Deb DeArmond’s passion is family—not just her own, but the relationships within families in general. Her bookRelated by Chance, Family by Choice: Transforming the Mother-in-Law and Daughter-in-Law Relationships explores tools and tips to building sound relationships between moms and the girls who marry their sons, and her new bookI Choose You Today, helps couples strengthen their marriages. Deb and her husband, Ron, live in the Fort Worth area. For more about Deb, visit her "Family Matters" site.

 

Saturday
Jun202015

Modeling God's Love When It's So Tough

We have seen a monumental display of God's mercy this week, and in Dawn Wilson's Spiritual Life UPLIFT, I want us to focus on the grace of forgiveness.

At his bond hearing, Dylann Roff stood in his striped inmate jumpsuit with a blank expression as family members of the victims he admittedly gunned down at the historic Emanuel African Methodist Episcopal (AME) Church said over and over again, "I forgive you."

A daughter of Ethel Lance said,

"You hurt me. You hurt a lot of people, but God forgives you, and I forgive you."

To the astonishment of a watching world, relatives offered words of grace. Mercy. Forgiveness.

It was a painful but powerful testimony to the work of Christ in the hearts of those who love Him.

In Commentary magazine, Abe Greenwald, senior editor of Commentary, wrote, "The late [antitheist] Christopher Hitchens formulated (and forever repeated) a superficially clever challenge to people of faith: 'Find one good or noble thing,' he said, 'which cannot be accomplished without religion.' The astonishing rejoinder to Hitchens comes now from the family members of those who were gunned down Wednesday night in Charleston, South Carolina."

"At today’s hearing for the suspect, the spouses, siblings, parents, and children of the murdered innocents addressed the man being held for this unspeakable crime—and showered him with mercy and forgiveness. Theirs is a model for all humanity and a testament to the unique and transcendent power of faith." 

How can those, so wounded, so wonderfully forgive?

Forgiveness does not mean the relatives approve of Dylann's evil act. Forgiveness releases Dylann to God's hands. Forgiveness prays for peace, but it does not mean we don't need just laws to deal with those who are filled with hate and would harm or kill.

The victims' families are following in the footsteps of the Great Forgiver.

1. Jesus Modeled Forgiveness.

Mark 2:5 - "And when Jesus saw their faith, he said to the paralytic, 'Son, your sins are forgiven.'"

Luke 7:48 - "And he said to her (a sinful woman), 'Your sins are forgiven.'"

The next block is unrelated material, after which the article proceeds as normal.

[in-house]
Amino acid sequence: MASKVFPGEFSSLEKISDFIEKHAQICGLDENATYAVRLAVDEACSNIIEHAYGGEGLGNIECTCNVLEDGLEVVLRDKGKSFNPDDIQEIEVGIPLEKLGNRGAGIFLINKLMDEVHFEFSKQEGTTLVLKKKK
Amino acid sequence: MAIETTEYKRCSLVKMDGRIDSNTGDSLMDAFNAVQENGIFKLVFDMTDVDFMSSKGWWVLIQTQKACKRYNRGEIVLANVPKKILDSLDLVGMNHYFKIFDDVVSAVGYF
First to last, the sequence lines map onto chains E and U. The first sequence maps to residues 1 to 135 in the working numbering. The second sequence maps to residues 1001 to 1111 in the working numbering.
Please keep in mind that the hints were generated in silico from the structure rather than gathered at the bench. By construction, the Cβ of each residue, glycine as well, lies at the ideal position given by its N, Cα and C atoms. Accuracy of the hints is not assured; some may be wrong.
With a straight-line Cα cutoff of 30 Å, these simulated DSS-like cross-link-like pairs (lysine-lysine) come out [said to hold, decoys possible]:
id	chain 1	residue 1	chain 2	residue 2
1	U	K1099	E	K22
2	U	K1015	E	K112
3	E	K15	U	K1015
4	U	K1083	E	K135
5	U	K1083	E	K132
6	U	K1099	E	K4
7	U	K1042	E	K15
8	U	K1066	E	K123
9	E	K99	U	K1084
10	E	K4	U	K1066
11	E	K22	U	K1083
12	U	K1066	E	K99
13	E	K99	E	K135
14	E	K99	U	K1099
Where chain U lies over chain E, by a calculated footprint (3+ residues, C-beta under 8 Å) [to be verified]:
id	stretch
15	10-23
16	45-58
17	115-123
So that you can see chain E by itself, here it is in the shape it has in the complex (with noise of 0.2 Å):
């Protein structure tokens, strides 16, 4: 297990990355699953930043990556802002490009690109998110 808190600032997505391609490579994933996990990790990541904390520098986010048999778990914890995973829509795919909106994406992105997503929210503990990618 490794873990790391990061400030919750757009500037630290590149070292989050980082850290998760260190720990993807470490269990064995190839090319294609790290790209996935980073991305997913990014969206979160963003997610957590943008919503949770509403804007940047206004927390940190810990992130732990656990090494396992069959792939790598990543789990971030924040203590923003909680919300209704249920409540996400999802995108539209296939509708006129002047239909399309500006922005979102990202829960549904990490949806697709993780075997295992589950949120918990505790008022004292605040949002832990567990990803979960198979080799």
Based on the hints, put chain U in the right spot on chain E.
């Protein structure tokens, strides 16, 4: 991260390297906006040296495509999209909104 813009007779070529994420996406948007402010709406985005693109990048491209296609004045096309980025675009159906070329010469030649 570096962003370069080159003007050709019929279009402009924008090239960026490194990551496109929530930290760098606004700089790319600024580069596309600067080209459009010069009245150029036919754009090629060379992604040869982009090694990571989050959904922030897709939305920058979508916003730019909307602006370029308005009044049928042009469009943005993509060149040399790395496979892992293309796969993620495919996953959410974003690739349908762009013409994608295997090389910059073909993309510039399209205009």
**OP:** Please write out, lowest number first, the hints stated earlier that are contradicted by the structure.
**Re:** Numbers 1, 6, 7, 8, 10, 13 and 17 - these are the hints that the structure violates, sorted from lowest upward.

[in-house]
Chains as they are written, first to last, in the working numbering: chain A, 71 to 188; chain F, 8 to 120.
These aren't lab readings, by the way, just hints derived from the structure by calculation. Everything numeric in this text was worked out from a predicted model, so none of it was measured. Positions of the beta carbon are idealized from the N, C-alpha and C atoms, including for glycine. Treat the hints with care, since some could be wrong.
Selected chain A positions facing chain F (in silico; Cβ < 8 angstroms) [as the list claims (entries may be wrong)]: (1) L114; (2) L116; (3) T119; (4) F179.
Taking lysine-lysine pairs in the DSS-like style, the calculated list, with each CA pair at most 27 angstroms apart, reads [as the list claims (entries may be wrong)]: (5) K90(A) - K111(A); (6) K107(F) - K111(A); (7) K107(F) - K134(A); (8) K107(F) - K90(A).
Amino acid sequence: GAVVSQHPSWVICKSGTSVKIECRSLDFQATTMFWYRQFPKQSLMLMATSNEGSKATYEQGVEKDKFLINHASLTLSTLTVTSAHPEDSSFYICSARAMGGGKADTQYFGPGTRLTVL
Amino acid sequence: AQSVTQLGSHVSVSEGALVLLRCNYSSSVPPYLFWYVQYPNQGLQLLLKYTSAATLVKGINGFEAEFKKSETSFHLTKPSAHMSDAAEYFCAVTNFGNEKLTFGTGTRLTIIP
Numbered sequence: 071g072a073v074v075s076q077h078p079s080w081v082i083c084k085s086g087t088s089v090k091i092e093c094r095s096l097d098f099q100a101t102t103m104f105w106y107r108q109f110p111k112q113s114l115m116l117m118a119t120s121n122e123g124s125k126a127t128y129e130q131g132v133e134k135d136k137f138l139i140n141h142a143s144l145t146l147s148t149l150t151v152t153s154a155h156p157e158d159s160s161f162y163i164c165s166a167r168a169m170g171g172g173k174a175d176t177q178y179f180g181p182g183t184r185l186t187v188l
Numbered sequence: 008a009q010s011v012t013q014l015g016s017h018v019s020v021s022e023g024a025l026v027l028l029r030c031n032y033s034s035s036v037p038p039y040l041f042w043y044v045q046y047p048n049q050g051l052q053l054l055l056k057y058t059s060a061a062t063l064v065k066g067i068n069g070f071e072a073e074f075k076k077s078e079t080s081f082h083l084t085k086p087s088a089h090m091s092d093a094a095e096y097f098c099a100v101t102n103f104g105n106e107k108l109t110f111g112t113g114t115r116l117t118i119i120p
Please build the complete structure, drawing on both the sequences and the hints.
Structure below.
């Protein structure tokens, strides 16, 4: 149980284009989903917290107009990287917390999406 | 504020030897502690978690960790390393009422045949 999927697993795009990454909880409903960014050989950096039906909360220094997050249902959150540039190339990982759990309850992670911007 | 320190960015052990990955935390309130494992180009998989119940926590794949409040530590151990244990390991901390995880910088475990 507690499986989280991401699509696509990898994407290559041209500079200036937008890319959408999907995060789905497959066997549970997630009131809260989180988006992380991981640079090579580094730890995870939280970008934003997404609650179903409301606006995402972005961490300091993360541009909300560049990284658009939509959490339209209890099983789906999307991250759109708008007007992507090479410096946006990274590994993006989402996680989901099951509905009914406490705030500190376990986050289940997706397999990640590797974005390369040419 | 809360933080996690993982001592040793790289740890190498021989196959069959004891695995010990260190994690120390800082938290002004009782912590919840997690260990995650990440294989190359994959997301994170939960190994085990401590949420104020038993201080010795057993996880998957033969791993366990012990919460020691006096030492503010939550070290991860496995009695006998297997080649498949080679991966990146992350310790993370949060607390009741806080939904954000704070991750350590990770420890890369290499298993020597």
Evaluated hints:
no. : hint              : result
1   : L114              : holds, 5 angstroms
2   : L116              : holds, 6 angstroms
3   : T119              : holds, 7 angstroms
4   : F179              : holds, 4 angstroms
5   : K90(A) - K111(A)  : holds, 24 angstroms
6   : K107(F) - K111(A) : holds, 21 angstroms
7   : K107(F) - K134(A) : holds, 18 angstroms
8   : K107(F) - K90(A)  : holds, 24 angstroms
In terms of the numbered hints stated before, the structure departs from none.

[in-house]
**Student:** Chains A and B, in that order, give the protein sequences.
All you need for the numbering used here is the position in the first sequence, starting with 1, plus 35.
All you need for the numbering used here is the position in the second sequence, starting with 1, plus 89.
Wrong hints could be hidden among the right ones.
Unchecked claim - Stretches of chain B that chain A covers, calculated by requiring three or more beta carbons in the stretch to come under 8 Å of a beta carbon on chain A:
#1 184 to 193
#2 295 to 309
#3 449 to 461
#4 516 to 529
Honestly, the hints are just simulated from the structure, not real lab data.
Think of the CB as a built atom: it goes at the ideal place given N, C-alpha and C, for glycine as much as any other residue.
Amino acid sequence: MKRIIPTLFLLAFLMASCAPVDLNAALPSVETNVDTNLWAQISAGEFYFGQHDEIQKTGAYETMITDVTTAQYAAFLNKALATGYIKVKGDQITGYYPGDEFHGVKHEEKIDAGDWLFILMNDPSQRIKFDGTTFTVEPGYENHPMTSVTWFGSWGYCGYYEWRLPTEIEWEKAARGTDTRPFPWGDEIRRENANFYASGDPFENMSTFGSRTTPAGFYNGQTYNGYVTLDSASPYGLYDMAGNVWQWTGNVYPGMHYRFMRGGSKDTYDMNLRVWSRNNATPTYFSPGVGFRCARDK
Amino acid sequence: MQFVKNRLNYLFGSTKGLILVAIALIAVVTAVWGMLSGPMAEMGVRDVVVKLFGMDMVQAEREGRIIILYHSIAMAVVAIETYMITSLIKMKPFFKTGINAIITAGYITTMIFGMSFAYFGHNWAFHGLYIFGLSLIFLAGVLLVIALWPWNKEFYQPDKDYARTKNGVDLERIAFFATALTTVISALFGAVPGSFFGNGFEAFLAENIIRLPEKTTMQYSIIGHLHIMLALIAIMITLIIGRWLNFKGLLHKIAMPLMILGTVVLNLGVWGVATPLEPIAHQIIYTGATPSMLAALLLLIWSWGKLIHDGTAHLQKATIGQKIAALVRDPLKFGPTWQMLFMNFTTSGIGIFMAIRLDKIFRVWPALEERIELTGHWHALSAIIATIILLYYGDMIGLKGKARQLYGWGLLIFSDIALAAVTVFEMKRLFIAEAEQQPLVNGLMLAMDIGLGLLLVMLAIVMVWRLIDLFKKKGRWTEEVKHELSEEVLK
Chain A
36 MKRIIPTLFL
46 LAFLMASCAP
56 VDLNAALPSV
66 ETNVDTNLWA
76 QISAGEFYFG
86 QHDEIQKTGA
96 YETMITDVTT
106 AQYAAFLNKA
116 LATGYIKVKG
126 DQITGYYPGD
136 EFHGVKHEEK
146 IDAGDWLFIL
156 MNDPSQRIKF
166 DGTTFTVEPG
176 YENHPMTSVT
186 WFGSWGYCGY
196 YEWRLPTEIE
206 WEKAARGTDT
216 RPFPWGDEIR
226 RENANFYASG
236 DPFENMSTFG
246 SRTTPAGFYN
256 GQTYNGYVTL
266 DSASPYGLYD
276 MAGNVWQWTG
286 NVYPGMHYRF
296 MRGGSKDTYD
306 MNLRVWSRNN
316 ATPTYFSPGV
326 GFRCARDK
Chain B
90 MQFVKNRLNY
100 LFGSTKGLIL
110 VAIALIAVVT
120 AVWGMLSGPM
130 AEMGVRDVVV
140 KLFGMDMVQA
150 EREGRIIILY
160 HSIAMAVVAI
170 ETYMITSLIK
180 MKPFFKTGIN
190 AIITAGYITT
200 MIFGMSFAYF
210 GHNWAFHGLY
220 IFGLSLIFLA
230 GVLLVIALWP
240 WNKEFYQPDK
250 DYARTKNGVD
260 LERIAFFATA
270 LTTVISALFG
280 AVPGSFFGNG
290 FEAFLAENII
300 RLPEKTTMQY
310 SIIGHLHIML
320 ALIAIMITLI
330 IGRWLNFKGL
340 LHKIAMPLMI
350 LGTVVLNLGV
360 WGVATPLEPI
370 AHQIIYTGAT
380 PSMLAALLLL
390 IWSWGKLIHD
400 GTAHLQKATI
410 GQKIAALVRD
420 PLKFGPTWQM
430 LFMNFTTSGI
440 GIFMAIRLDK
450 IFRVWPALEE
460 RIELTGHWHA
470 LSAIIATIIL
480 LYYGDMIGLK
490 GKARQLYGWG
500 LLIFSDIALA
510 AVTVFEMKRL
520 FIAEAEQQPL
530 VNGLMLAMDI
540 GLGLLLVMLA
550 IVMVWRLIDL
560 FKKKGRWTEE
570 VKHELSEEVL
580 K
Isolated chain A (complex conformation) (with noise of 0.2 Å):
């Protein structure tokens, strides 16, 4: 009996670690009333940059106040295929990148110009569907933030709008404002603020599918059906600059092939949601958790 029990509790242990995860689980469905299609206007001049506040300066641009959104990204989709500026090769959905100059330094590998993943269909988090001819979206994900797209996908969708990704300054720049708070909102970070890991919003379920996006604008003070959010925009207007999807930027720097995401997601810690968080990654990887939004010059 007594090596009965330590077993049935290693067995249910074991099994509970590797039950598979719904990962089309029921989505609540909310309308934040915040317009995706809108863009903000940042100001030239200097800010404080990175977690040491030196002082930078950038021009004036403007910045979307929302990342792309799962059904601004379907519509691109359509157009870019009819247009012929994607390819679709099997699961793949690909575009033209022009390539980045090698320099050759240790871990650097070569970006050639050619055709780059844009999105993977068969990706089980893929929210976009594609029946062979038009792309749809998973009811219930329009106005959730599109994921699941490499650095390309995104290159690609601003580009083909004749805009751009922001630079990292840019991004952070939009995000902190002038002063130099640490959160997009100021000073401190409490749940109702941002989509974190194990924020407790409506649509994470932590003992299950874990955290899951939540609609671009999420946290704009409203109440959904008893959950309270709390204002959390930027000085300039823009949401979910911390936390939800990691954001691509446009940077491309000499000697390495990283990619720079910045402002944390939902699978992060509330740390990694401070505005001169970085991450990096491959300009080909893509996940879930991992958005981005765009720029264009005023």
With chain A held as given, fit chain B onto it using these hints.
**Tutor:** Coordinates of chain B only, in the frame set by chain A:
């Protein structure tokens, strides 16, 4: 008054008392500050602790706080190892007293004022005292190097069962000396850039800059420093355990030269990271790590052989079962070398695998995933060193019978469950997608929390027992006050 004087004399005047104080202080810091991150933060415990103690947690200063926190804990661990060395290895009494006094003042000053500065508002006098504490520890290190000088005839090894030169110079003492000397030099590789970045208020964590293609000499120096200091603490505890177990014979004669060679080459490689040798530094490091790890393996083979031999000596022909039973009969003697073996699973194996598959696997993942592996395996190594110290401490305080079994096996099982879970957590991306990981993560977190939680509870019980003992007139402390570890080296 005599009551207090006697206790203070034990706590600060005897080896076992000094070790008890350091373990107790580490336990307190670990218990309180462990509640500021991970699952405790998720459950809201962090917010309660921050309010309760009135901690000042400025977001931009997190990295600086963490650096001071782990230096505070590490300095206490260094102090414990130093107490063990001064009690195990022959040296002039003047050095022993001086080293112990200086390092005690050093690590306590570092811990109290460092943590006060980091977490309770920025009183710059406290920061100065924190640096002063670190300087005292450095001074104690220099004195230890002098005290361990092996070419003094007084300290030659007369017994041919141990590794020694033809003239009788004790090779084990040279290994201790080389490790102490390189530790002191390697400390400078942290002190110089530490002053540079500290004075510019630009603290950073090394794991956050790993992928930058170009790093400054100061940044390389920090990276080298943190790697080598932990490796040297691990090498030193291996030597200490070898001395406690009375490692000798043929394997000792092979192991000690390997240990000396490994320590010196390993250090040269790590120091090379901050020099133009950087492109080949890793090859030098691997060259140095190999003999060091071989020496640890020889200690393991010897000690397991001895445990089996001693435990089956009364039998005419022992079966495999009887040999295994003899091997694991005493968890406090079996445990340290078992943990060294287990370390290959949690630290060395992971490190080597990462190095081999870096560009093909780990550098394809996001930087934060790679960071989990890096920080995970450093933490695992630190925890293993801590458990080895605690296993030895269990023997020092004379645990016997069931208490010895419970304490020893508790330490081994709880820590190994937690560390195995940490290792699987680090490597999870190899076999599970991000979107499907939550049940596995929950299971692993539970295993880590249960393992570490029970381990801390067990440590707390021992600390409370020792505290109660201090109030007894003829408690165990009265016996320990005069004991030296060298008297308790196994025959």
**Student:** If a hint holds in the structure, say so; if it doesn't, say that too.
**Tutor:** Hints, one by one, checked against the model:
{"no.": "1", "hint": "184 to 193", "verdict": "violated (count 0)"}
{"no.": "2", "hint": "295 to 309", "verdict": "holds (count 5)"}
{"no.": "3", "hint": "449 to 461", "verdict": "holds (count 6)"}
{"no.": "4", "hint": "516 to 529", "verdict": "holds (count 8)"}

John 8:11 -"...'Neither do I condemn you (an adultress); go, and from now on sin no more.'"

On the cross, Jesus forgave a repentant thief, hanging on a cross beside Him (Luke 23:42-43), and He even forgave those who put Him to death! (Luke 23:34)

2. Jesus Taught Forgiveness.

Matthew 6:14 -"For if you forgive others their trespasses, your heavenly Father will also forgive you."

Matthew 18:21-22 -"Then Peter came up and said to him, 'Lord, how often will my brother sin against me, and I forgive him? As many as seven times?' Jesus said to him,'“I do not say to you seven times, but seventy-seven times.'" [Story of the Unforgiving Servant, Matthew 18:23-35]
We see the power of forgiveness in the much-loved parable of the prodigal son (Luke 15:11-32), modeling the Father's love and forgiveness.
Jesus exemplified and taught the kind of monumental mercy and forgiveness we've seen at Emanuel AME Church.
Dr. Alveda King, niece of Martin Luther King Jr., says, "Hate cannot drive out hate. Only love can do that."

As the deadly shots came, the victims were in Bible study. They loved the Word of God. And likely, they too would say to us, "Love and forgive. It is when you are most Christ-like."

Do you struggle to forgive? Can you walk in Jesus' footsteps and forgive by faith?

Dawn Wilson, founder and President of Heart Choices Ministries, is the creator of three blogs: Heart Choices Today, LOL with God (with Pam Farrel), and Upgrade with Dawn. She is the Director of the San Diego chapter of Network of Evangelical Women in MInistry (NEWIM San Diego). Dawn is the co-author of LOL with God and contributed "The Blessing Basket" in It's a God Thing. She and her husband Bob have two grown, married sons, three granddaughters and a rascally maltipoo, Roscoe.